Does anybody else still make their kids send thank you notes? We do.
In my house, we celebrate Christmas. Our children received a good number of gifts from various family members and friends this year. The day after Christmas, I sat down at my computer. I opened up a new word document and called my youngest daughter over to me. “Okay, sweetheart. Grandma and Grandpa got you (I listed off the presents from them). What do you want to say in your thank you note?”
She started dictating. “Dear Grandma and Grandpa, thank you for present one, that I’m doing such-and-so with, and thank you for present two, that I’m going to use when I do that other thing, and thank you for present three…” You get the idea. Towards the end of the note, “And I hope you have a wonderful year of 2015, and I hope that we get to see you a lot in 2015 whether you come up here or we come down there or we get to see each other on Skype. I love you. Love, me.” This thank you note was close to what I’d consider three healthy paragraphs, but it was two incredibly long run-on sentences held together with a bunch of “and”s.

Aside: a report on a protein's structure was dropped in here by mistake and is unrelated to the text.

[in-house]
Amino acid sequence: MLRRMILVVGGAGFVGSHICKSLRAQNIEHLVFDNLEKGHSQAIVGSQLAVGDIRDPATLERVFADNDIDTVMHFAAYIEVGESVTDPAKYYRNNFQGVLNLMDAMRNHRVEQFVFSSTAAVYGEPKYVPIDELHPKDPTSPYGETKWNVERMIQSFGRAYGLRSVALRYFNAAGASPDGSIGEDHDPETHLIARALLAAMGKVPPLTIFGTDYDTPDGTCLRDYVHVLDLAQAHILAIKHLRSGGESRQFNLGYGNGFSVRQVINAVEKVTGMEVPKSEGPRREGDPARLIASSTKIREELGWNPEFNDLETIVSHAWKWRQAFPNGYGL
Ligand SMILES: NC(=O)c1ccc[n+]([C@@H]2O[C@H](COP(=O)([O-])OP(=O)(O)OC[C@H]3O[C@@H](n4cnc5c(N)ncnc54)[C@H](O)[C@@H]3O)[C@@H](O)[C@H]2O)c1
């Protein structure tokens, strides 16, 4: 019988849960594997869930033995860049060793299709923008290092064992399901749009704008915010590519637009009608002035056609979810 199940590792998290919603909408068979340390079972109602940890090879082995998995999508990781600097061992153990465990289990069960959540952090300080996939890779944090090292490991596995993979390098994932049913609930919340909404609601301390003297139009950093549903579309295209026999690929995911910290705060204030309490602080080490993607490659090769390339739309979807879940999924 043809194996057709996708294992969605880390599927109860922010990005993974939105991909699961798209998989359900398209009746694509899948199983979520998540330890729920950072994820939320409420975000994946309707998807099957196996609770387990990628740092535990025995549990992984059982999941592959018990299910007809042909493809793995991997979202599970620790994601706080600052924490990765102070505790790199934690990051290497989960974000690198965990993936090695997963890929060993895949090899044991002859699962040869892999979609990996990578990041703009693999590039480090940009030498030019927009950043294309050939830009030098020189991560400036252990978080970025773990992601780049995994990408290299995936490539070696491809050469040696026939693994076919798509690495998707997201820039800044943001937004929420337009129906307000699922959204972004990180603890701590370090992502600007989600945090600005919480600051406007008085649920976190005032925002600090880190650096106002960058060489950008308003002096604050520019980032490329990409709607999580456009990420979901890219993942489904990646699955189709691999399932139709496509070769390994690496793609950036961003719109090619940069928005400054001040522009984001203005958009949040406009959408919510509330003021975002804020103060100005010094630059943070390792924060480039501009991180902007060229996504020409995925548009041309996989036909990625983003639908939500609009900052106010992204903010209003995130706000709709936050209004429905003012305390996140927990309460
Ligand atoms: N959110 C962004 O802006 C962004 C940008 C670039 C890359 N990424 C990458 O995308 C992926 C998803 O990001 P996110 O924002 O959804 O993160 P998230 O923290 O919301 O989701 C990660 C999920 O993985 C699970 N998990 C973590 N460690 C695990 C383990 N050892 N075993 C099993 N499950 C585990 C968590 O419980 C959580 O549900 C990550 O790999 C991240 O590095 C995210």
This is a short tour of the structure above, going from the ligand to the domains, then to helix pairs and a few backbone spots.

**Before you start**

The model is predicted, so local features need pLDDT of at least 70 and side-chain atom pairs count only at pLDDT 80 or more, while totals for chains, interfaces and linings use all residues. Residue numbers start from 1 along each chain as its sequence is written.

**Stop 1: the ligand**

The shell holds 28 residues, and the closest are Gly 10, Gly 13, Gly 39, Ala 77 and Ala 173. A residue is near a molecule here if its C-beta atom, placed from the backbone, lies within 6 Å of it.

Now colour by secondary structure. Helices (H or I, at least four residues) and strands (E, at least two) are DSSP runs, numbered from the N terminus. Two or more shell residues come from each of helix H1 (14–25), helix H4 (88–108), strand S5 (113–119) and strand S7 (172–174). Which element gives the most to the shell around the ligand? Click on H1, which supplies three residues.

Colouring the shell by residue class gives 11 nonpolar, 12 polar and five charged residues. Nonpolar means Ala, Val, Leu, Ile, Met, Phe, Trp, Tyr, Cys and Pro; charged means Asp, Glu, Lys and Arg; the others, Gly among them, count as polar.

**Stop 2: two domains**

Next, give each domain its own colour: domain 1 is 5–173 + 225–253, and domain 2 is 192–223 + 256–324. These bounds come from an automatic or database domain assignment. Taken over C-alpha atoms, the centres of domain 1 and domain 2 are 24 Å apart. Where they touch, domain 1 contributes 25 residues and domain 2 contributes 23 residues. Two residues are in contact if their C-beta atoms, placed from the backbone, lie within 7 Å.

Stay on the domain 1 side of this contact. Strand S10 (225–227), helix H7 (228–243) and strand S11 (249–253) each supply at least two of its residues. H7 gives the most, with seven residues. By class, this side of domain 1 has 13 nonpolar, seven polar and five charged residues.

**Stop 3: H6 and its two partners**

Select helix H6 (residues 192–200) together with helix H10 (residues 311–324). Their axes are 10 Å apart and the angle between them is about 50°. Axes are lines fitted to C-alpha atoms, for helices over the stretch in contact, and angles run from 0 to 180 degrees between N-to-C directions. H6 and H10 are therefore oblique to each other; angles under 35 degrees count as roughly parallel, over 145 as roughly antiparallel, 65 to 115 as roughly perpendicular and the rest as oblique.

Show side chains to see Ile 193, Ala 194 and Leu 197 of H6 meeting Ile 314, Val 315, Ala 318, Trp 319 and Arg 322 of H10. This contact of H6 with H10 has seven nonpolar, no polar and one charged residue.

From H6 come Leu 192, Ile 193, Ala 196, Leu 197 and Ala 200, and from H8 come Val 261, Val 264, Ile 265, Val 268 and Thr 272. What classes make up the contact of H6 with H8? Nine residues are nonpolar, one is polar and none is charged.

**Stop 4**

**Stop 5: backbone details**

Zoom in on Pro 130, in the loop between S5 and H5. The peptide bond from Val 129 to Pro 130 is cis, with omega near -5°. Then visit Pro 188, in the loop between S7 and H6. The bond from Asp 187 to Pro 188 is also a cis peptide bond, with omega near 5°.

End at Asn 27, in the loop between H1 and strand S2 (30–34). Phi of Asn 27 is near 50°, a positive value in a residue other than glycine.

We moved on to thank you note number two. It started off very much the way the note to Grandma and Grandpa did. About halfway through the rambling “and and and,” I turned to her and said, “Sweetheart, you do realize that I’m just typing this up to help you, right? I’m going to print it out for you, and you’re going to hand-write all the notes.”
Sheer, abject horror on that eight-year-old face. Somehow, the year between thank you notes was enough time for her to forget the routine.
“So, what else do you want to say in this thank you note?”
I cracked up. The first thank you note went on forever. By the time she made it to the end of her thank yous, the note basically said “Dear person, thank you for my present, Love, Me.”
But, by golly, she still sent a thank you to every person who sent her a present. And I’ve got another happy memory to carry with me for the rest of forever. 🙂